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Dinner and eating culture in Korea

Having a dinner with locals in Korea is an experience where sharing is caring. It differs from Nordic one in a way that there are not always separate individual meals for everyone. A lot of times when I've had dinner with locals they have brought a big pot and plenty of plates full of food and everybody can take the amount they wish from them. Sometimes a hot plate is brought and the food is cooked on the table. There are lot of restaurants where you can grill your own food (Korean barbecue).  Also, if you go to a restaurant with your Korean friends, it's typical to order few dishes or one big dish which everybody shares together. Usually you can get small side dishes like garlic, kimchi, pickles etc. unlimited amount.
korean food
sundubu + banchan
As a Finn, I'm used to have my own individual meal or cake in a cafe and also pay everything by myself. In Korea if you are with an older eonni 언니/nuna 누나 or oppa 오빠/hyeong형 (an older female or a male) they often pay the food or coffee. I have always been grateful about that but the same time I feel awkward because I am not used to people to be so generous. It feels like I should give something back but in many cases people just expect your company, nothing more.

I think sharing or offering to others is really nice and it actually gives you more mentally and physically as well. But it's also hard to get used to it as a person from an individualistic country where splitting the bill is very common. I think we should learn something from Asian countries and be more commune!
food in Korea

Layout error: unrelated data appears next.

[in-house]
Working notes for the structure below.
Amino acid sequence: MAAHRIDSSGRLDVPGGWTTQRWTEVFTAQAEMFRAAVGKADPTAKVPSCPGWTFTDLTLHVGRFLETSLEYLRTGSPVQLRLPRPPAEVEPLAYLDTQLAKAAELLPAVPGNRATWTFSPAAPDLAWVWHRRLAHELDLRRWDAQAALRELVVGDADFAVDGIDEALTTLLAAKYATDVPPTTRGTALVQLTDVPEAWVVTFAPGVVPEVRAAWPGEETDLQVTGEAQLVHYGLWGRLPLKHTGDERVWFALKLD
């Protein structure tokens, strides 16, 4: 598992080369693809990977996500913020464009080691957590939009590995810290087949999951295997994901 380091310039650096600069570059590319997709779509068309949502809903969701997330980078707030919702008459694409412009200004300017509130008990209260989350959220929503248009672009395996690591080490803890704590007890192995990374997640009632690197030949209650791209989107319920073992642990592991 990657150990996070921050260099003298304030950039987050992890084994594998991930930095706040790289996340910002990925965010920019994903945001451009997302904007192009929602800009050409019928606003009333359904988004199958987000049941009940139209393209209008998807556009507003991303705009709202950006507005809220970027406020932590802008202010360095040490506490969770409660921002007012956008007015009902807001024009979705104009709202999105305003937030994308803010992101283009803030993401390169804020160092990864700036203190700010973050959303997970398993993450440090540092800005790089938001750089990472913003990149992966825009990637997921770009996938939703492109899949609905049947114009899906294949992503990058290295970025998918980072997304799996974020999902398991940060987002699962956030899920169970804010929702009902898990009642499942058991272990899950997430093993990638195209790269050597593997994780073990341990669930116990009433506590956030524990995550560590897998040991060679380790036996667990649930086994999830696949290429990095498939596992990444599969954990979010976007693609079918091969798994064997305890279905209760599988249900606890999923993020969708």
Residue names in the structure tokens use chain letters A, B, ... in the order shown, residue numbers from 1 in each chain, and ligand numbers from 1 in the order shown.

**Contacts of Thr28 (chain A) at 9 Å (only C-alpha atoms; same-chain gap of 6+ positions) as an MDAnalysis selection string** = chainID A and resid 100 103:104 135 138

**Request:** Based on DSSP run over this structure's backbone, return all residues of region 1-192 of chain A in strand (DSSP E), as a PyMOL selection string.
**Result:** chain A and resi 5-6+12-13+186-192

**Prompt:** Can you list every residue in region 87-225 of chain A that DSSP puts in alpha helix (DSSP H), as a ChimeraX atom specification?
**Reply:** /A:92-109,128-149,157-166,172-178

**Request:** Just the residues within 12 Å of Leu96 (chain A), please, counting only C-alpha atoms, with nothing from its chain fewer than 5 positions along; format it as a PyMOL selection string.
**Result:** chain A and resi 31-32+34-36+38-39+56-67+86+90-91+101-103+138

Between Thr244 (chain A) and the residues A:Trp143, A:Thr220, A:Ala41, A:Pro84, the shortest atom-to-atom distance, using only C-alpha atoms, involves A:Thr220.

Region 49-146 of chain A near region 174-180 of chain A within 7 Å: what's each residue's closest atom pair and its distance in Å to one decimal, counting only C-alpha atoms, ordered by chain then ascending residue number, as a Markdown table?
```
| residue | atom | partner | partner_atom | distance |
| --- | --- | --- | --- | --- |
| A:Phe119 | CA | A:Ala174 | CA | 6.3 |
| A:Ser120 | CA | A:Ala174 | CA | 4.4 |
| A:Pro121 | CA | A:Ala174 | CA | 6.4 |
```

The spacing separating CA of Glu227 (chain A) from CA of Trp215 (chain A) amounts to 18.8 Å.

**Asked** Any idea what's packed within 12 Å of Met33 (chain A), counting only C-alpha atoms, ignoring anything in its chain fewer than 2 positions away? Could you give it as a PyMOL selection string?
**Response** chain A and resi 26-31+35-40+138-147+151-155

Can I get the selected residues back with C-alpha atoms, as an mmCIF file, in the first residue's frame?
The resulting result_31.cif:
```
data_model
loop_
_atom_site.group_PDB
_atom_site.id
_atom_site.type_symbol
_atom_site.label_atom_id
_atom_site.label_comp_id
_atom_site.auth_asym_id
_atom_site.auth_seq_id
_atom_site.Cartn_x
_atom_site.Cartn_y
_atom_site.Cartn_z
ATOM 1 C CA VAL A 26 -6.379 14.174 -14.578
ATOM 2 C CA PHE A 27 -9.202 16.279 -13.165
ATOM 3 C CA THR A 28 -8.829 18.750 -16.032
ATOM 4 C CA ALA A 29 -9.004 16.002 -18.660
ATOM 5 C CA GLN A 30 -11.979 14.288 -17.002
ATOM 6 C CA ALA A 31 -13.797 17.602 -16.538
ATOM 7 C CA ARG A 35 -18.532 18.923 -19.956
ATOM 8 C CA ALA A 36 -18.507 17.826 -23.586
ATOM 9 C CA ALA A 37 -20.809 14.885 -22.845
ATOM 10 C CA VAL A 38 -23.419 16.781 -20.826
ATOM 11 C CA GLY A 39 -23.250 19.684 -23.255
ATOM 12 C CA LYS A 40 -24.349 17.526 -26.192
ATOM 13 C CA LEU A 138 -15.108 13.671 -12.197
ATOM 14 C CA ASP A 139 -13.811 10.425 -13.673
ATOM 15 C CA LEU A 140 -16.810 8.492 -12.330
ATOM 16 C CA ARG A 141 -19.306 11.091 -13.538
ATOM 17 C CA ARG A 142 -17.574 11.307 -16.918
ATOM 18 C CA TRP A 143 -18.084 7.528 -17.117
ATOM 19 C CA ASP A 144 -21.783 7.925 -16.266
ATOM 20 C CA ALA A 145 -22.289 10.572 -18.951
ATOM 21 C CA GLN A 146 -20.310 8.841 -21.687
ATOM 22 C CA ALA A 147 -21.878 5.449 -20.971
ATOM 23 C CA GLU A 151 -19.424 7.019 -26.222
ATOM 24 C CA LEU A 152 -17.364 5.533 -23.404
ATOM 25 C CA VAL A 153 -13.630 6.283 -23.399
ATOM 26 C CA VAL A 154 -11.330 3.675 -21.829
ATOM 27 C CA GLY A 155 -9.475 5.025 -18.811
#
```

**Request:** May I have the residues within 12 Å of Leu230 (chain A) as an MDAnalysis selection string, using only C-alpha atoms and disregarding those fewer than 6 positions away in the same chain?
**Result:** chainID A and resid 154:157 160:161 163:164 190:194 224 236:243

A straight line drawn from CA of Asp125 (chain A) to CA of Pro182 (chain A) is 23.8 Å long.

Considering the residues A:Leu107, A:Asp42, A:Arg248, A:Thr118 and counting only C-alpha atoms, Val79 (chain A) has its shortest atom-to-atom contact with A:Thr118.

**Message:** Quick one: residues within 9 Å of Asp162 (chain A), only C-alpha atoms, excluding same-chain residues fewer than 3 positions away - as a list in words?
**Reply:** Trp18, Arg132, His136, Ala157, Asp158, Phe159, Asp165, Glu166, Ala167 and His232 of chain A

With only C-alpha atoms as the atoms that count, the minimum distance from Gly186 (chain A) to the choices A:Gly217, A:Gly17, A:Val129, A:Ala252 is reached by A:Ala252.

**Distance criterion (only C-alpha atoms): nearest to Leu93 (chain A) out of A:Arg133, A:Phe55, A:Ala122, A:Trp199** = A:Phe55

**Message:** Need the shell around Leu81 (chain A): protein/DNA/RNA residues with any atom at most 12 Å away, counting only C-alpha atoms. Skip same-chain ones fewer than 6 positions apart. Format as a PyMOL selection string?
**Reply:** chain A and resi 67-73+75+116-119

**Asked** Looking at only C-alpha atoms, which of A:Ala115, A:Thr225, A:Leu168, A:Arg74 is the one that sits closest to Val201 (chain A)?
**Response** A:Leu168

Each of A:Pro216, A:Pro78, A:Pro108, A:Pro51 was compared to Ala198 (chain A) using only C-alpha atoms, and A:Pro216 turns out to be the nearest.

About the food itself, there are lot of spicy dishes, for example: spicy sundubu-stigae 순두부찌개 (a soft tofu stew), tteok-bokki 떡볶이 (rice cakes in chili sauce), buldak 불닭 (fire chicken) and different kind of spicy noodles. There are also lot of other dishes and restaurants so people who don't like spicy food will definitely find something else to eat — or you can ask in a restaurant if they could make the meal less spicy. For example kimbap김밥 (a roll wrapped with seaweed, including rice, veggies, eggs etc.) is not spicy at all.
korean food
Drinking is also very common in Korea. Having a bottle of soju 소주 (clear liquor or liquor with a taste), makgeolli 막걸리 (milky rice wine) or beer with the meal is very normal. I see people rarely drinking wine with food and if people drink wine it's in a western restaurant or fine dining place. From my experience Korean people can be hard drinkers which might be surprising. Also you can buy alcohol in Korea 24/7 from convenience stores. In Finland you can't even buy alcohol after 9:00 PM except in the bars or restaurants!

Overall Korean food is tasty, spicy and you won't leave the restaurant hungry. One of the pros is that usually you don't have to wait for long time to get the food in the restaurants. Thanks for reading and remember to Subscribe my blog or Follow me with Bloglovin!